I spent the early part of last week on a work assignment that has taken me on an annual trip to Kigali for the last five years. However, this year I was struck with the significantly high number of new buildings that were sprouting out of every corner of the central business district.
First let me give the ubiquitous credit that Kigali deserves. You can eat off the pristine streets. Literally. I took an early morning walk, before the sun’s rays had even slipped out of bed. I was assured that the city was extremely safe even in the dwindling darkness. The streets were deathly quiet while ornamental bottle palms rose ramrod straight along the medians, standing guard over the brightly lit roads. Every so often, I would randomly find solitary armed guards standing at ease on a street corner providing undisguised assurance. Despite being completely alone in the breaking dawn, I never once considered that I might be unsafe.
In the course of walking along the streets, the sheen fell off the lustre of what looked like a rapidly growing commercial real estate sector. Several new buildings, many of which had startlingly beautiful architecture I might add, stood empty past the first floor.
By the end of my walk I was struck at how many such buildings I had walked past. I asked some locals what the back story was later in the day. It turns out that part of the city’s strategic master plan was to zone certain areas as commercial. This zoning came with a land utilisation plan, which required that any building with less than one floor would have to have an additional minimum of four floors above it. Where the building owner was unable to undertake this development, he would have to sell the property to someone else who purportedly could.
The result, of course, is an overstock of commercial real estate in Kigali simply because there are not as many viable off-takers for office space as was imagined.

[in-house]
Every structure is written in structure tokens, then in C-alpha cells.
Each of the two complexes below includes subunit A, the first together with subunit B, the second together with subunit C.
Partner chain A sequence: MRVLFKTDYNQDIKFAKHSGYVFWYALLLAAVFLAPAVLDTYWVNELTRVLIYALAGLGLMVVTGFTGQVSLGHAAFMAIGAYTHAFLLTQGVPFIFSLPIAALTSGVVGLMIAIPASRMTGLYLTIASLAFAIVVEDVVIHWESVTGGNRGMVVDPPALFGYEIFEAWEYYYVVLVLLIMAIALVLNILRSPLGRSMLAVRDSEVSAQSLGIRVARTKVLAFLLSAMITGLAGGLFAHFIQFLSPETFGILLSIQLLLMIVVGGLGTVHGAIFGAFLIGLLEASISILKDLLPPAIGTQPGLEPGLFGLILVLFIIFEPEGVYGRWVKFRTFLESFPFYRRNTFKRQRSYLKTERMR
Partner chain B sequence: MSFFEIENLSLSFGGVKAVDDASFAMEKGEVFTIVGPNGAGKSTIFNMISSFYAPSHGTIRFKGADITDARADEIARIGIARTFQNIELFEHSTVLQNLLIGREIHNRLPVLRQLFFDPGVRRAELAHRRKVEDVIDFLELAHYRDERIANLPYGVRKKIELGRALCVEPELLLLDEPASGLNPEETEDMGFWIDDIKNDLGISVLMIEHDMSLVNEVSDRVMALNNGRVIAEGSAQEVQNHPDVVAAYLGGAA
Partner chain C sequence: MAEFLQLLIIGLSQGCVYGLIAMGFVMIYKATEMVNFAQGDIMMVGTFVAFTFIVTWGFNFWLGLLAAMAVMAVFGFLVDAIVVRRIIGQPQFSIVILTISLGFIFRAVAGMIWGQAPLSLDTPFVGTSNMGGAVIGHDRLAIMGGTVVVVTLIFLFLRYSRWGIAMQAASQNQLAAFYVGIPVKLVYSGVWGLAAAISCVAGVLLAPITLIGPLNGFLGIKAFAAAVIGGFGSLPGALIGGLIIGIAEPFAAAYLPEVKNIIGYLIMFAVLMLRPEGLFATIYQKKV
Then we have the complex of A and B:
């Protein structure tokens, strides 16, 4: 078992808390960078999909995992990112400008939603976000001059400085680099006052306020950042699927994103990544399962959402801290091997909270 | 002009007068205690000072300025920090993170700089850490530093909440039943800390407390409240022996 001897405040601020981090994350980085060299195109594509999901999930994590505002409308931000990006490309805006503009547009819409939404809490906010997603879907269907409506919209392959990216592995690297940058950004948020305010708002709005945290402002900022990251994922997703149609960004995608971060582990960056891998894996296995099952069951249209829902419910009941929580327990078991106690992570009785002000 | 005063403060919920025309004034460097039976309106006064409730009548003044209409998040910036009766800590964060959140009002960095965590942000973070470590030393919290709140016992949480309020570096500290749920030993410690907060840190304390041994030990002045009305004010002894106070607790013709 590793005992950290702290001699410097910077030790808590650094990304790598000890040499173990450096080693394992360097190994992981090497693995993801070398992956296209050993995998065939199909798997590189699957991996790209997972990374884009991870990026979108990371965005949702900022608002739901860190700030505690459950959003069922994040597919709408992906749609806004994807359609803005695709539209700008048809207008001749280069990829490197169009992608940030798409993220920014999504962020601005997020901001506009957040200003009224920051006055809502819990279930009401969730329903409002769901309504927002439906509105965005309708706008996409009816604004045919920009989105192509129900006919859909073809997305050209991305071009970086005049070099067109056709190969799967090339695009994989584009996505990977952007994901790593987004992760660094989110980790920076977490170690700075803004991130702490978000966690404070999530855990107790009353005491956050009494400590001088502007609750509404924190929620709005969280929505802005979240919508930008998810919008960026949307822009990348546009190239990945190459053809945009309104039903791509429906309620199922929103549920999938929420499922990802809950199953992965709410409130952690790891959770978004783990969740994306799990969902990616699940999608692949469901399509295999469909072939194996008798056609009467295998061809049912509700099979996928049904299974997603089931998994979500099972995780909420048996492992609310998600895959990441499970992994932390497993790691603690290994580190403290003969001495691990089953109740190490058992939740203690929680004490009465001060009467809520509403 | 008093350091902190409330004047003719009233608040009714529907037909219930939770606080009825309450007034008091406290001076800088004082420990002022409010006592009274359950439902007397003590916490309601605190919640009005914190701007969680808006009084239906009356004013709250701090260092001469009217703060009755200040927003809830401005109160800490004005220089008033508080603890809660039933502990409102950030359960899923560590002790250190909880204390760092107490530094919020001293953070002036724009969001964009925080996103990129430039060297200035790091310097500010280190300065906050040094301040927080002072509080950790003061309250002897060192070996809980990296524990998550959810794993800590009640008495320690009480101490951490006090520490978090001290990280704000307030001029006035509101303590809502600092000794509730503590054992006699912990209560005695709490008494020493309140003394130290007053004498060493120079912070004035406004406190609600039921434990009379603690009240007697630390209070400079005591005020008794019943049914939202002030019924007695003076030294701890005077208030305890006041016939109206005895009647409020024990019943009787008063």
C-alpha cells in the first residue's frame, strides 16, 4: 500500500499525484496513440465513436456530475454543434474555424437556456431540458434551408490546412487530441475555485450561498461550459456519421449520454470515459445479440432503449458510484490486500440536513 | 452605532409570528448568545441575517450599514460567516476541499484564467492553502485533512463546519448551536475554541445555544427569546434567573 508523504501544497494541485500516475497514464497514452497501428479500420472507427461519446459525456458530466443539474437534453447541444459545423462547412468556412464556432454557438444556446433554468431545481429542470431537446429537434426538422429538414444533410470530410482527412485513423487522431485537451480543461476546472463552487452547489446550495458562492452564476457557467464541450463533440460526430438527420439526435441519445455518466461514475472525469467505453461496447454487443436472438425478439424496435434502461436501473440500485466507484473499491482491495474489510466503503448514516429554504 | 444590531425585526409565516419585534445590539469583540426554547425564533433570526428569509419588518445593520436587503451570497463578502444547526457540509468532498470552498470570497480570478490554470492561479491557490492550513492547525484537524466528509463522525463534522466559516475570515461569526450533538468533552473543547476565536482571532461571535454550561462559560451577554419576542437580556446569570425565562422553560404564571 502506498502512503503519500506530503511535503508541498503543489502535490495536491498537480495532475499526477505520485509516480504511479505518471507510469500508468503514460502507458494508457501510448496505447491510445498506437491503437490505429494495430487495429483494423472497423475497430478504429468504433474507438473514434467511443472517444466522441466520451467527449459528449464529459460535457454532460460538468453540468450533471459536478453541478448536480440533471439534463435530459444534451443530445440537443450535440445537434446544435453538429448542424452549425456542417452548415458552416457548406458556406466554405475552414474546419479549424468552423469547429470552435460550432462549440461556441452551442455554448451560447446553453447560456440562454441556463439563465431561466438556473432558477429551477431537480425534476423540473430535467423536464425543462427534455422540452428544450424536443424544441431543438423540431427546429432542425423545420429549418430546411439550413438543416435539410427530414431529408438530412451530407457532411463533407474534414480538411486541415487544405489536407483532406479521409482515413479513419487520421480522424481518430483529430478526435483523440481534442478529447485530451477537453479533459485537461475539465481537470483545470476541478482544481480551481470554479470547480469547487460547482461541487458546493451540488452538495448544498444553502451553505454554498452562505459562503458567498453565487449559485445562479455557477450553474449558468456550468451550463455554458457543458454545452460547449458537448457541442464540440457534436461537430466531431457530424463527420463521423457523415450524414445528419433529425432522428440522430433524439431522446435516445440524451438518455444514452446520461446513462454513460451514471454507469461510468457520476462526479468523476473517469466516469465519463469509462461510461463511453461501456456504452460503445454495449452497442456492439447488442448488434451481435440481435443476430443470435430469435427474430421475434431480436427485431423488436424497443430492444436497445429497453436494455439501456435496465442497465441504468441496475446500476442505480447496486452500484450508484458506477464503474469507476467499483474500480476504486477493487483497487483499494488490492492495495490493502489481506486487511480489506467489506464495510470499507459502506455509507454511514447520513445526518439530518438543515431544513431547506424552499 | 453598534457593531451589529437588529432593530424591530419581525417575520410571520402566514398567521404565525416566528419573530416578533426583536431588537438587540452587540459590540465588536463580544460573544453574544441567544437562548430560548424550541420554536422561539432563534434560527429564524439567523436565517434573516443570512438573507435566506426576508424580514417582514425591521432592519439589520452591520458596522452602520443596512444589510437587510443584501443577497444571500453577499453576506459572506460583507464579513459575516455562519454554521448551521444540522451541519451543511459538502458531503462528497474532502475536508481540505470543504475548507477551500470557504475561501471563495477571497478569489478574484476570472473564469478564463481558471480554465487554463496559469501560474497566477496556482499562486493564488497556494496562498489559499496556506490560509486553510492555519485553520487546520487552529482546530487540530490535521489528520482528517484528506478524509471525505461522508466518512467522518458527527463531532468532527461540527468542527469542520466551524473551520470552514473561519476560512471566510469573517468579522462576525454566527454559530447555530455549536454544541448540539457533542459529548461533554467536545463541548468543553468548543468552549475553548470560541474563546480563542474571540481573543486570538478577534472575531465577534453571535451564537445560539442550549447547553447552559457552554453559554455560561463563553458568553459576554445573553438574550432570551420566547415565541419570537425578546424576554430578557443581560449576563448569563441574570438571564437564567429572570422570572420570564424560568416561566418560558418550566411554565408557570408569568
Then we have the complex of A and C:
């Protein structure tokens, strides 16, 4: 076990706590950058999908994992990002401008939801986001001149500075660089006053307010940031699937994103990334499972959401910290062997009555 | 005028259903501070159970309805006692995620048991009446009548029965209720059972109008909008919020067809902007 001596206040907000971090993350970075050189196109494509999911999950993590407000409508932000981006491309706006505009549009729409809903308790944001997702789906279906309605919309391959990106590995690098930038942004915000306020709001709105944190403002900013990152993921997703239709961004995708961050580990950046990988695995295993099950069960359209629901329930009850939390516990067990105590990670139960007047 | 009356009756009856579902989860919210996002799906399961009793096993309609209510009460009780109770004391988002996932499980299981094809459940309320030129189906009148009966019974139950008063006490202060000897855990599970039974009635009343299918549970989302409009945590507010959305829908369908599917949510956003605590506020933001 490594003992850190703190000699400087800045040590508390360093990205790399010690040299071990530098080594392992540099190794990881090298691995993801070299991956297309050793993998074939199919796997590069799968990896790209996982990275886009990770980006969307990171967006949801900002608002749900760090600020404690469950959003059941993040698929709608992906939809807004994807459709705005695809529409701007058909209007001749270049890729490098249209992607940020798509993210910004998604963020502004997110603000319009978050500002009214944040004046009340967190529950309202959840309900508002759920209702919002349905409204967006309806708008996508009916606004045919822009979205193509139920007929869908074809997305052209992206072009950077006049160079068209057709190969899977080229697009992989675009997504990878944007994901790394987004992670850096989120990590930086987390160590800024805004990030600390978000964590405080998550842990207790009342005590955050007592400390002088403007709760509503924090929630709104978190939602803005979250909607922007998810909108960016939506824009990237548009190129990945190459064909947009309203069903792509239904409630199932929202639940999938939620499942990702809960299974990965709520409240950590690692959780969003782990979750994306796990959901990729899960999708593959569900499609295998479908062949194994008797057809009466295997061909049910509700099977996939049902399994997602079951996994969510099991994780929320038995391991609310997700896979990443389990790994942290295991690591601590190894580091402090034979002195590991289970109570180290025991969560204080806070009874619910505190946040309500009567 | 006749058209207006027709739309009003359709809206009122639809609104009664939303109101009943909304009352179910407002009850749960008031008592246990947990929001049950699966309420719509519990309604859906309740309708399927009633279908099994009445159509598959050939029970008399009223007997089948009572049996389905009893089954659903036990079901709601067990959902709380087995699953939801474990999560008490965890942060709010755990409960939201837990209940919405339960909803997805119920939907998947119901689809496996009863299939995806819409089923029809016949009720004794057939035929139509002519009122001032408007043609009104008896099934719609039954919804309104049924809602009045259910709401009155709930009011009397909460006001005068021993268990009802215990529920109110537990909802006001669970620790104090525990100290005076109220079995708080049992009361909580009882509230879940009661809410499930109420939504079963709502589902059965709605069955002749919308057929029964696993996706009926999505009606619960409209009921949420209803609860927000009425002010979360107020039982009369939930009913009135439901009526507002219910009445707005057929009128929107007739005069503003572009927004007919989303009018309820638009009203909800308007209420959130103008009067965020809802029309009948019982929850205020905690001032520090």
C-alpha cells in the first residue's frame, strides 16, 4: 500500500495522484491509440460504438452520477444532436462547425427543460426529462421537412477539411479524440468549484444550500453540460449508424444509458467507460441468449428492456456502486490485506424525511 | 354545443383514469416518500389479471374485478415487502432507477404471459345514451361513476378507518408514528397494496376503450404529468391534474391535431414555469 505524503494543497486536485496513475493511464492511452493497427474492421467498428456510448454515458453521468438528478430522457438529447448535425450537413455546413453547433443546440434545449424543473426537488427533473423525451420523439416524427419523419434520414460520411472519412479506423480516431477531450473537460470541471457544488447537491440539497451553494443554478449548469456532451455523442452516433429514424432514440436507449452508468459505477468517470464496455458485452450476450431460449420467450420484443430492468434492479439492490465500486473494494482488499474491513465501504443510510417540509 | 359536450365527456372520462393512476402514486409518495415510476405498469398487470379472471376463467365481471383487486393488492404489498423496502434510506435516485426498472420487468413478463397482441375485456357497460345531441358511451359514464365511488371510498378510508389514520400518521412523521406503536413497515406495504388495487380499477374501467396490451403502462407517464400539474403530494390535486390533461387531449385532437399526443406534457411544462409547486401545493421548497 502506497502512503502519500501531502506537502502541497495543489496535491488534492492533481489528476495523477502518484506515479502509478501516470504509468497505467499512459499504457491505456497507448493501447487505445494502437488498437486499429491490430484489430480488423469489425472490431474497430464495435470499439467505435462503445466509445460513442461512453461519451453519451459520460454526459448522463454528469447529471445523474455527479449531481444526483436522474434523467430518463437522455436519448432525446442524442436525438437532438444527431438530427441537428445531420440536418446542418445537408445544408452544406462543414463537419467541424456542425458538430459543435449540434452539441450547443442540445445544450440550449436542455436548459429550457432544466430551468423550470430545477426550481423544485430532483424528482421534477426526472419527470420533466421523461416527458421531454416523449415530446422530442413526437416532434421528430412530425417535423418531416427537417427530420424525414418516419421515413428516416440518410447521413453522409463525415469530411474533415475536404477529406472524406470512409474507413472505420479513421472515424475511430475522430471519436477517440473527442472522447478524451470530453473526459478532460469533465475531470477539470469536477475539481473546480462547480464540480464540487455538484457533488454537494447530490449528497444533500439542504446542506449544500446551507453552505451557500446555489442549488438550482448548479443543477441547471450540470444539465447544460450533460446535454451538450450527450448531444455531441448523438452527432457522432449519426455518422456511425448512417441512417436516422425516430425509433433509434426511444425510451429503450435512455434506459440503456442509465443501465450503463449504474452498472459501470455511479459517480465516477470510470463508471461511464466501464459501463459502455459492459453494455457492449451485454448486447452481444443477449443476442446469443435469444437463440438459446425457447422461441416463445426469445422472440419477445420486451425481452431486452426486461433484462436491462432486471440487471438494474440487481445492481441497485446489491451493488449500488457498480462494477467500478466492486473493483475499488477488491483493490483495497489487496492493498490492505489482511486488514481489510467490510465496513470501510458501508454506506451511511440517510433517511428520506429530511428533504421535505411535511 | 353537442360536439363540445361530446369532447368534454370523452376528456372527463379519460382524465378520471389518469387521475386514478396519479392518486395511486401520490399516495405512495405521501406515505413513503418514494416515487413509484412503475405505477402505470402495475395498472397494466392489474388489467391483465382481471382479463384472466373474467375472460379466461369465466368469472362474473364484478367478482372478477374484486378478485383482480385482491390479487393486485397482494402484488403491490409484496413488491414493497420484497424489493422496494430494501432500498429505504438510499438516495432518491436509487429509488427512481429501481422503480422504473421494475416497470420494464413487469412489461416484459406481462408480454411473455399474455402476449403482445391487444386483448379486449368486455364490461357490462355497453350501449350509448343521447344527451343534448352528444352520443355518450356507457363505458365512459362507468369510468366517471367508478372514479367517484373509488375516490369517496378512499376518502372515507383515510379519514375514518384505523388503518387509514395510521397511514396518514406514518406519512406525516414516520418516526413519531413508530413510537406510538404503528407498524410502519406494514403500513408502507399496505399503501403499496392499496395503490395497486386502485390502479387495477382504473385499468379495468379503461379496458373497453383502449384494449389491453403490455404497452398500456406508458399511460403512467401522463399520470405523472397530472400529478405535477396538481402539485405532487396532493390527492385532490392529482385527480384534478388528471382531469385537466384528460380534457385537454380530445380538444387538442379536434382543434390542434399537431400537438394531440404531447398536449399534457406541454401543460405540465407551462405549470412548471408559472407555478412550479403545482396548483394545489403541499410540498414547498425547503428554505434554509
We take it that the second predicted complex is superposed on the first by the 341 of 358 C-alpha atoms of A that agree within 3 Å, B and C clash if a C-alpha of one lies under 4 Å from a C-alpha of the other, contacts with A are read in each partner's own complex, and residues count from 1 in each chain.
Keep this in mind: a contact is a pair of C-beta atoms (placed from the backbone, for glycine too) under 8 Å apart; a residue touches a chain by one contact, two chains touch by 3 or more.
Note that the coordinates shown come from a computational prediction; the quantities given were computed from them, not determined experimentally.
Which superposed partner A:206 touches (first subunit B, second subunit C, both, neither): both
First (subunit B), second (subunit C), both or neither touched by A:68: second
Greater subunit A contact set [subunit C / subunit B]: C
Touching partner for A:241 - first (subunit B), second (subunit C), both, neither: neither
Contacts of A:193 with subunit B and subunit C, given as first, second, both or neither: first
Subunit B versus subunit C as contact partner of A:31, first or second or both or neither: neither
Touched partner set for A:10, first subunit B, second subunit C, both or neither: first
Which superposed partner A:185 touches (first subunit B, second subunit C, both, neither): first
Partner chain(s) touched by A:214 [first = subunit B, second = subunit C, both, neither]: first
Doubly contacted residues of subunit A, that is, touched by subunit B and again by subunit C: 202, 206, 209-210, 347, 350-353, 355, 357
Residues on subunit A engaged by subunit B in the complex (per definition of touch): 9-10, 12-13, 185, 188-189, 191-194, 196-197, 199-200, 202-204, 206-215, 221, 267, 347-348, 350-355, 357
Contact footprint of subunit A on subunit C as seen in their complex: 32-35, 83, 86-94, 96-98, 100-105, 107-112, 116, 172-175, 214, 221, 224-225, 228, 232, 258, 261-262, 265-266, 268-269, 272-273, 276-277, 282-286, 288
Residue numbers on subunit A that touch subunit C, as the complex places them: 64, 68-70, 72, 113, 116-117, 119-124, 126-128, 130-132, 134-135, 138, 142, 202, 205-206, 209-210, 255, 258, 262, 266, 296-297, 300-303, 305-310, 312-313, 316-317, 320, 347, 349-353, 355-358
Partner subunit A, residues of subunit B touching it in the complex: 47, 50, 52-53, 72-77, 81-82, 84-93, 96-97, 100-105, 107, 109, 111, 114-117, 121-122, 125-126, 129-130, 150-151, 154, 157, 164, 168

In a defensive play, the City of Kigali this year passed a rule that businesses could not be based in residential areas. The objective, obviously, is to drive these tenants into the central business district and provide much needed respite from the stress induced heart attacks that low occupancy, coupled with oversupply causes to the highly leveraged property developers.
This cannot go on for too long though. At some point the banking industry will stop giving loans to developers, a number of whom are foreign, due to the repayment lag that is certainly developing on the real estate segment of their loan portfolios.
If credit in that sector begins to become tight, then developers will have to either use cash to build – which requires excessively deep pockets – or they may have to borrow from other jurisdictions, which brings in greater risks such as currency fluctuations. The City of Kigali fathers will have to relax or pretend not to notice the property owners who are not acceding to the zoning laws requiring storied buildings.
One thing the Rwandese are getting right is the international conference business. With the traditional hut inspired architectural masterpiece that is the Rwandan Convention Centre, as well as the singular government focus to drive conference tourism, Kigali has certainly established itself as a premier conference destination.
When this assignment took me there last year, we landed at the airport only to find the immigration queues literally starting on the tarmac of the airport, before getting into the terminal building.
A KLM jumbo jet had landed just before us and over 300 passengers were inching their way to about eight immigration counters. All this because that particular week was a big agricultural conference.
It took about two and a half maddening hours to get past immigration only to get to the hotel and discover that the government had commandeered our rooms (which we were told is not uncommon) to give them to conference participants of their choice.
We were politely “moved” to other hotels, while my colleague was dispatched to a dive somewhere in the outskirts of the city, which made for entertaining anecdotes from a furious colleague who had mentally prepared to stay at the five-star hotel that we were originally booked in.
I do have to applaud the Rwandans for providing electronic immigration gates at the airport for their nationals. The gates are unmanned and only require the nationals to scan their passports. The same service is commendably provided to expatriates working in the country, who can register for the service in advance making for faster processing of resident passengers. If you have never visited Rwanda, give it some consideration. It’s a rare part of black Africa that is visibly trying to get things right.